6. Thanks for being considerate about this.

    I forgot to mention one other thing. You know what the student-cyclist does? He grips the handle tight, and wants to make his wheels go on a straight line. But cycles, in the course of nature, hardly run straight- a look at the tracks of the expert rider reveals that. The student needs to free his arms, give slack to the wheels: he needs to direct without dictating, guide without restraining.

    Similarly in vichara, the student has to relax himself, and not force the mind to go on a straight line. The mind's nature is to wander, the student who tries to repress it is sure to fall- the best course is to let the mind wander: but as long as the self-awareness is there in the mind's eye, it will not wander far, in fact, the wayfarer will make healthy progress on his road.

    I hope you do flesh this out, even if for fun, and make a hefty post of it. You have the poet's gift of words, if i may say so.



  7. Something just now came to me as I was meditating. Like you said, I allowed the mind to wander for a moment. And the balance I was speaking to, of mind and Self in the dream world, can also be called one of devotion and wisdom, bhakti and jnana. So that when the mind is handed the reins, the handlebars, it does so in a state of devotion. I'll need to meditate on this some more. Thank you for helping me pedal further.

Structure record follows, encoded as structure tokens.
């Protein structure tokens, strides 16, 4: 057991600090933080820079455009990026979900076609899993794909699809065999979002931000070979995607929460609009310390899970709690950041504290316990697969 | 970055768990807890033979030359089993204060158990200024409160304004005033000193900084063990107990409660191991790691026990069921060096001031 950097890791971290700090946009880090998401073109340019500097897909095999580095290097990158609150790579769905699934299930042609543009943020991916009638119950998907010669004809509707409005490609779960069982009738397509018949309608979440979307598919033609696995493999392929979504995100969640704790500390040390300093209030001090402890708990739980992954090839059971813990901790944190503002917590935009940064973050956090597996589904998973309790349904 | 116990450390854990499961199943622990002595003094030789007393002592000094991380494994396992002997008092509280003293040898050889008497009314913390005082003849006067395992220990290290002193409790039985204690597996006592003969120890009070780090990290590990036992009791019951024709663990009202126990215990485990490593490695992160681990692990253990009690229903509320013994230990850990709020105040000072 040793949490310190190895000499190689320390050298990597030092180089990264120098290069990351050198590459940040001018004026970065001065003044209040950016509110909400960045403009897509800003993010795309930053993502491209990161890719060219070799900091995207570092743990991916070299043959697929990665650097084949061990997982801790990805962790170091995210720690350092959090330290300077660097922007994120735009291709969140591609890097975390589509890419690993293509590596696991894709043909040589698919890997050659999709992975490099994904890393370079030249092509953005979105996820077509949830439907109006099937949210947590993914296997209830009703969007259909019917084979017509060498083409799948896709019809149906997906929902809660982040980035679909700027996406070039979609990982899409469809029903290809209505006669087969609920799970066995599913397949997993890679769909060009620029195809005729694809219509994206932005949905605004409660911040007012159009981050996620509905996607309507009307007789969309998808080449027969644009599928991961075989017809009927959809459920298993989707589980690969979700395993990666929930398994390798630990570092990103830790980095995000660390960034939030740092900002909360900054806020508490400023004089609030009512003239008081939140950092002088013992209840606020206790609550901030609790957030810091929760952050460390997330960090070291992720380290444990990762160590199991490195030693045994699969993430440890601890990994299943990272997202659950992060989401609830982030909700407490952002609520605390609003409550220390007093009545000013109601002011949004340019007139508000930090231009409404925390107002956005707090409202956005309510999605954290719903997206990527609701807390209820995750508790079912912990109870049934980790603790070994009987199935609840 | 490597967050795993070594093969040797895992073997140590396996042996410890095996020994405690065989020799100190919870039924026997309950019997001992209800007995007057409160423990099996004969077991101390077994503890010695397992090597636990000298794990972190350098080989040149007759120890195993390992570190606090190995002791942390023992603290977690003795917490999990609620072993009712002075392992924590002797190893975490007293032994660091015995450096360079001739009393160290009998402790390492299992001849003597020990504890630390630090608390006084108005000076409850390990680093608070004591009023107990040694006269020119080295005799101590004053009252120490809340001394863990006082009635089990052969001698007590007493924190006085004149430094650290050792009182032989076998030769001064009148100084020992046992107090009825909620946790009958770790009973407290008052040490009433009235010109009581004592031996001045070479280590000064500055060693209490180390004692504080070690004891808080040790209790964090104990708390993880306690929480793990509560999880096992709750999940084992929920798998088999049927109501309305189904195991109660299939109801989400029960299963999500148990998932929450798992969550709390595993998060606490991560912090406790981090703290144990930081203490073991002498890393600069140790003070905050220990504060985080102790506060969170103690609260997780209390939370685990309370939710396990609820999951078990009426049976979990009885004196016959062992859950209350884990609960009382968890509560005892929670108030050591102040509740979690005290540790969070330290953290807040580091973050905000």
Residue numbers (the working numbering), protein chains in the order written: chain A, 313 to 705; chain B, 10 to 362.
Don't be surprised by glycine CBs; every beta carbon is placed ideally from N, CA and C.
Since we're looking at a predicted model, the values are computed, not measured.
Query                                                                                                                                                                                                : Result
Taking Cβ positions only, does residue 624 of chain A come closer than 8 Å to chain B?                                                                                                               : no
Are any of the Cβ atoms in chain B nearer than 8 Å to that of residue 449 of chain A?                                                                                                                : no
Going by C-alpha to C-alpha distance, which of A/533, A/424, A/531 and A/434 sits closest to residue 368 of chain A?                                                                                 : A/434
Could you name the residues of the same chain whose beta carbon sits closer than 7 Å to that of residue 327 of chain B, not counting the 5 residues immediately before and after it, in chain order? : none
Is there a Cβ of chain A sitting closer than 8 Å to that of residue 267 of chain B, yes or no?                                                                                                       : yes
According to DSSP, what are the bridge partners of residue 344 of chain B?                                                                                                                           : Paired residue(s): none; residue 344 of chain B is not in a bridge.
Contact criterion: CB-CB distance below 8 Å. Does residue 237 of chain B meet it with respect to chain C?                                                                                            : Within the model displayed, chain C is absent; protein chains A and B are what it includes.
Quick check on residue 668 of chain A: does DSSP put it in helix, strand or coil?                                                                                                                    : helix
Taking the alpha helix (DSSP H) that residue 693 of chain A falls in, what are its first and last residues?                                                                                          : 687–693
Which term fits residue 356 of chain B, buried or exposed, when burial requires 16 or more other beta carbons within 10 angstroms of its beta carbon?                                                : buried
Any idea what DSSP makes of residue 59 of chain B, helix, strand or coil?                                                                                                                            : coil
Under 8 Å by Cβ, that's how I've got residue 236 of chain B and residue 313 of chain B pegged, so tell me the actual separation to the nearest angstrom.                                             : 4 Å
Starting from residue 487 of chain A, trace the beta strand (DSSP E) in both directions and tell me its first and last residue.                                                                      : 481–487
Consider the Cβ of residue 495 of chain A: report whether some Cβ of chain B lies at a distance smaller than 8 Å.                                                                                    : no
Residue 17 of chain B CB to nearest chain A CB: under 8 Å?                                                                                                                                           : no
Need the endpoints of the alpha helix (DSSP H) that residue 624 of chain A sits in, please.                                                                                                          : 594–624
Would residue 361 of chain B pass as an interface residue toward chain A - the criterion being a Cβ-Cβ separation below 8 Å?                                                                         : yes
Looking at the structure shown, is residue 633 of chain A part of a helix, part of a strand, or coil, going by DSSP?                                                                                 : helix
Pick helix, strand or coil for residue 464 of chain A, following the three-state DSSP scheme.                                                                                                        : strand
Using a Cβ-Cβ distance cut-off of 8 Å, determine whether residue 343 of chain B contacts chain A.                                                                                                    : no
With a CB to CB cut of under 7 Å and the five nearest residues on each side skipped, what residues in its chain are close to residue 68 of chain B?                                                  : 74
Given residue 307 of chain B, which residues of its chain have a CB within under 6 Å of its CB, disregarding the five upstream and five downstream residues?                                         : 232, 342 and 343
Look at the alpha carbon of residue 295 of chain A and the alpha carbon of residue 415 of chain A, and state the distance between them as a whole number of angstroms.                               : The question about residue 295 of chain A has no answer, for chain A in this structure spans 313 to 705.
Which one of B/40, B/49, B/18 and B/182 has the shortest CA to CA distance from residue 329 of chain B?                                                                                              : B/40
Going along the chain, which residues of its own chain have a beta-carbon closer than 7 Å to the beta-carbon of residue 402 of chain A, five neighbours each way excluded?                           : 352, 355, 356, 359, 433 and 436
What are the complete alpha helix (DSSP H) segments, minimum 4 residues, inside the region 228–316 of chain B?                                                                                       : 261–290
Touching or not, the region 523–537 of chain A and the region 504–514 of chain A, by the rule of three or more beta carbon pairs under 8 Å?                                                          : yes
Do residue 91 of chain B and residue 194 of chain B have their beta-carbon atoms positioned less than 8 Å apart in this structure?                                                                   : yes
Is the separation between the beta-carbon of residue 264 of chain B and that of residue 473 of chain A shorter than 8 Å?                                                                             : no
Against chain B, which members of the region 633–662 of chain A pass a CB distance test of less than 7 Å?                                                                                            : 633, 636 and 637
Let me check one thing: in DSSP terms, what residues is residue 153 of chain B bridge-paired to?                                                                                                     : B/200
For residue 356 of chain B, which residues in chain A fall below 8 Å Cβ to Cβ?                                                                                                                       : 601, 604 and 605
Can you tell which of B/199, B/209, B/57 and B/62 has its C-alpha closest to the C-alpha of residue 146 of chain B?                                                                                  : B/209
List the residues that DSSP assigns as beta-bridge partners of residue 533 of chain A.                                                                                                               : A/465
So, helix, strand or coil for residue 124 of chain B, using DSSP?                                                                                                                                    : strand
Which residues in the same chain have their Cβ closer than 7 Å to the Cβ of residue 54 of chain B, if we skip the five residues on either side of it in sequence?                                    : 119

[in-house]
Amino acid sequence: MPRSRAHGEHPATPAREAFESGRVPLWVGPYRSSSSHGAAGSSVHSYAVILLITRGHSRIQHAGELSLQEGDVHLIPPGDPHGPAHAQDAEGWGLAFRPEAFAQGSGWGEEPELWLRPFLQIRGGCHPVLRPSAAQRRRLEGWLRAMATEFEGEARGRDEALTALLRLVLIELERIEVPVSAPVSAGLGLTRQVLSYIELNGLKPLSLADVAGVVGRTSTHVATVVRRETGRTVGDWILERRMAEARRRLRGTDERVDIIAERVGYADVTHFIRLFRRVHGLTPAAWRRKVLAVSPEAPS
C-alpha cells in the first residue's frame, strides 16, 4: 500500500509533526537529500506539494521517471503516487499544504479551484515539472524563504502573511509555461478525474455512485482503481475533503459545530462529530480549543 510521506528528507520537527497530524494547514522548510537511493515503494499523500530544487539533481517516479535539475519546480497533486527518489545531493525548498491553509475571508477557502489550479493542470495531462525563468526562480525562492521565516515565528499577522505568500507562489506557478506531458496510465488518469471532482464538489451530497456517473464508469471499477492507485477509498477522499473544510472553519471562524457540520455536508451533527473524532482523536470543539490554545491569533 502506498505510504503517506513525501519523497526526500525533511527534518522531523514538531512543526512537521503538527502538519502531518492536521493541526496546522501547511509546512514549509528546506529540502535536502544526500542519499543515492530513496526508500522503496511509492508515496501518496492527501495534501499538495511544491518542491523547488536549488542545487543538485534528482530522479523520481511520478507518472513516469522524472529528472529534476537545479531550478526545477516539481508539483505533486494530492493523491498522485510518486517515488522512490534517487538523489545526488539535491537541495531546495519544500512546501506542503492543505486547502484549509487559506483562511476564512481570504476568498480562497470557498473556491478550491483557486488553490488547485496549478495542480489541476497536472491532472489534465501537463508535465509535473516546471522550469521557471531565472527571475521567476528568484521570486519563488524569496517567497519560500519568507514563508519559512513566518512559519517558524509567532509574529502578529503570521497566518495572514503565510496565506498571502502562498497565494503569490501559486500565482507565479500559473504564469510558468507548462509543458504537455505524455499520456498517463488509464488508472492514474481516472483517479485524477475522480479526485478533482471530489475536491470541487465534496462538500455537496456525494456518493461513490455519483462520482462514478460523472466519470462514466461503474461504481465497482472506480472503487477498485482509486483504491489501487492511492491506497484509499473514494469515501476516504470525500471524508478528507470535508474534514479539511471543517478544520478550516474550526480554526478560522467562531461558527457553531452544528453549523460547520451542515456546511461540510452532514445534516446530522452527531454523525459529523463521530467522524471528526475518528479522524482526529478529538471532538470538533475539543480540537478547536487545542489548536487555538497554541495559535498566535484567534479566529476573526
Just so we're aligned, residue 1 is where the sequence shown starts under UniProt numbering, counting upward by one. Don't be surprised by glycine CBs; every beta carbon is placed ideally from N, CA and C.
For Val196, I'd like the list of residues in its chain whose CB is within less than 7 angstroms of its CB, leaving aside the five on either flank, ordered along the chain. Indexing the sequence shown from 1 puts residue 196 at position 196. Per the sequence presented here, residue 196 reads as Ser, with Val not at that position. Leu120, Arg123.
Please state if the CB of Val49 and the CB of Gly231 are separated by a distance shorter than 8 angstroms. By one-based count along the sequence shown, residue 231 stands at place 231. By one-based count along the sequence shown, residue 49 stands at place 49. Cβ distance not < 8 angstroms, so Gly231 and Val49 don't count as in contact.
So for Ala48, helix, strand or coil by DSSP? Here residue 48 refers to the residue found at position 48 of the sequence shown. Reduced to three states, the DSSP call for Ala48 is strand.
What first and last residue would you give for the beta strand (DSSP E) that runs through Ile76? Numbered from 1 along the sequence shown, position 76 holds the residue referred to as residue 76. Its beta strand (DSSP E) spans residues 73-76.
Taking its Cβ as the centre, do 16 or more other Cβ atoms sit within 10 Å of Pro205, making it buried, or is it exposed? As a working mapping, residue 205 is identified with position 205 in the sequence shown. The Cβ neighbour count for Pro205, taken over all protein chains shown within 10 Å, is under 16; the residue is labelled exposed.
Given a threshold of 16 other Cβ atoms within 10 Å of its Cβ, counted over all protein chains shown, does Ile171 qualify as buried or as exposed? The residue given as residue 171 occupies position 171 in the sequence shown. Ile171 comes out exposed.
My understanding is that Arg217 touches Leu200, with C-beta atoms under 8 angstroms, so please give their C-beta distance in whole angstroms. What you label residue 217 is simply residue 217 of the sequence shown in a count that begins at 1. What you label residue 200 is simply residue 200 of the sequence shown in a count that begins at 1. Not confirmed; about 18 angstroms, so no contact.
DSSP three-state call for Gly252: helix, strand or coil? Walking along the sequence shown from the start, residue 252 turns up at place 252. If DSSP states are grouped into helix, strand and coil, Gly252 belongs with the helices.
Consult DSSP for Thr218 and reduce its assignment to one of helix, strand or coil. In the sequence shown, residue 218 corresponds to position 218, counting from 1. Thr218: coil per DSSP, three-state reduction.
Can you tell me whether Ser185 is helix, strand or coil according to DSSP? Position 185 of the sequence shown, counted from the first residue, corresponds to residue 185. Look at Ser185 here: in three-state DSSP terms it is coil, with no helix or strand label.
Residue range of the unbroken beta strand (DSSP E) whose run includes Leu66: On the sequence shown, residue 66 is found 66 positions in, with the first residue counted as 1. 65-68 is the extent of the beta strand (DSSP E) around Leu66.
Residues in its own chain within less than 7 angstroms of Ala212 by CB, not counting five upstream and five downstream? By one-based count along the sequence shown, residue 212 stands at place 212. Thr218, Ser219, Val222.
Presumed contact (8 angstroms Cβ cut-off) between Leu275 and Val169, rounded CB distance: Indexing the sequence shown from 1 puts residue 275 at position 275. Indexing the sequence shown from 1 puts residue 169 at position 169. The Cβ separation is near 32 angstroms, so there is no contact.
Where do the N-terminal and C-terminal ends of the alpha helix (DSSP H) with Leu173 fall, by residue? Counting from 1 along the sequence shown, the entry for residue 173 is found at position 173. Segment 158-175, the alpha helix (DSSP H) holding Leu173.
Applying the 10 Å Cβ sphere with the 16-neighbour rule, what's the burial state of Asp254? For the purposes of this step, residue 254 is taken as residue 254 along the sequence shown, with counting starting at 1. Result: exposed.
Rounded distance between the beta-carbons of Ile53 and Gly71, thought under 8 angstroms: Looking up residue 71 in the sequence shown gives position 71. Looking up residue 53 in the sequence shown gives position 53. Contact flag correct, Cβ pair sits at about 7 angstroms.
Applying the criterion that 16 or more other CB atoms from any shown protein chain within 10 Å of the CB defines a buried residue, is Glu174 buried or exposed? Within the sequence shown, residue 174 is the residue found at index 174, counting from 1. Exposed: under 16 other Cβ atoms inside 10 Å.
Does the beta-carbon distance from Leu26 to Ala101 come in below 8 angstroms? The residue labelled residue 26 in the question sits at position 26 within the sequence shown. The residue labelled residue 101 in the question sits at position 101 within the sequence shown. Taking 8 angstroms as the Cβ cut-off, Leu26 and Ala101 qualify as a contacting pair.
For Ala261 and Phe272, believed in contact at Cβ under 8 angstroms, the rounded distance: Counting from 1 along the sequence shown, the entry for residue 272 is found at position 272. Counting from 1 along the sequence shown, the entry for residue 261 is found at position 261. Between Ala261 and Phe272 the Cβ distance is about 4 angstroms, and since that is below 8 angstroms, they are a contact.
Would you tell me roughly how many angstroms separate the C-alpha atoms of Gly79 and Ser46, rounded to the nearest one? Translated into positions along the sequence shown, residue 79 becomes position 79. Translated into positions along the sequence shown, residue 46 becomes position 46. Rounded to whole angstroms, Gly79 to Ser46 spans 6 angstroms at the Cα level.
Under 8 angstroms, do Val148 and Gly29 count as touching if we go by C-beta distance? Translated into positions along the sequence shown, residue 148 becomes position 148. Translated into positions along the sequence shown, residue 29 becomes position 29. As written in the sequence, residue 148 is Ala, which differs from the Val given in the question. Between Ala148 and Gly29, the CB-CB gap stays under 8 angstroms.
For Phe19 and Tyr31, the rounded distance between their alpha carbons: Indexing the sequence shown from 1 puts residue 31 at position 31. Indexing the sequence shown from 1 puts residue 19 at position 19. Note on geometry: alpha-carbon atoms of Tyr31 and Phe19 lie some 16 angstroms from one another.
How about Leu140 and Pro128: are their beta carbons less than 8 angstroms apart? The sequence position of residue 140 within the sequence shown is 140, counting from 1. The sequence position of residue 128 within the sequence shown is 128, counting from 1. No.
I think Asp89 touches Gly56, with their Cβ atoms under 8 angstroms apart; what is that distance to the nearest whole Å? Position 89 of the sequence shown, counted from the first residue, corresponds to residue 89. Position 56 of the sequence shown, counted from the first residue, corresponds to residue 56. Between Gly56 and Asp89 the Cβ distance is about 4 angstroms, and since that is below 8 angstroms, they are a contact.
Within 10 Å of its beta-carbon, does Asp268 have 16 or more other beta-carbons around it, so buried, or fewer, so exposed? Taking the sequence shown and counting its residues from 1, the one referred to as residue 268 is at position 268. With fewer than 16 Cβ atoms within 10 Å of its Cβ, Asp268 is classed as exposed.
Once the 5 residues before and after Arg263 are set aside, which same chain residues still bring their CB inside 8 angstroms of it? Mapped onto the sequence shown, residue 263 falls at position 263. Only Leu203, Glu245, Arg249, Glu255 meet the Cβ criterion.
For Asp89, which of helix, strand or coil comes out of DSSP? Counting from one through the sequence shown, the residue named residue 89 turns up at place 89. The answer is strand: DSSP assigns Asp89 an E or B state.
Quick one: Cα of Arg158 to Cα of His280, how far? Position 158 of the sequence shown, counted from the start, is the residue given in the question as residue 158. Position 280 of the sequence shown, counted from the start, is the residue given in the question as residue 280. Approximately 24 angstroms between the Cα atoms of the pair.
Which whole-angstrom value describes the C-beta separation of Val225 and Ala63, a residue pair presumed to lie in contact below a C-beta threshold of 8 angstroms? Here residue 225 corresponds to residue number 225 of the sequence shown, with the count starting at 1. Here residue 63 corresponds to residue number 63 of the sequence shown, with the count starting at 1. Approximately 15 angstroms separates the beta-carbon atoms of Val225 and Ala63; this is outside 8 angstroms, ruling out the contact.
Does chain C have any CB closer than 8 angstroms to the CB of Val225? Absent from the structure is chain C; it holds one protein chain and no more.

8. Thank you, too. I am learning a lot from this.


  9. Here's something I found at "Tricycle": (Tricycle!)-

    "Although we spend countless hours behind the wheel, we often overlook the excellent opportunity driving presents for the practice of mindfulness. Trucker Paul Conrad tells us how the road can be our teacher.

    Think about it. You’re hurtling down the highway inside a three-thousand-pound metal box, surrounded by other speeding metal boxes and immovable objects. Delay for a second or two in stepping on the brake, or let the steering wheel veer off by twenty degrees for as long as it takes to draw a breath....

    Driving provides continual opportunities for us to wake up, to be mindful. There is no other daily activity for which moment-to-moment awareness is so important, or the consequences of inattention so immediate and potentially catastrophic."
    - On the Road.

    Reading it reminded me of your post.

    Thank you.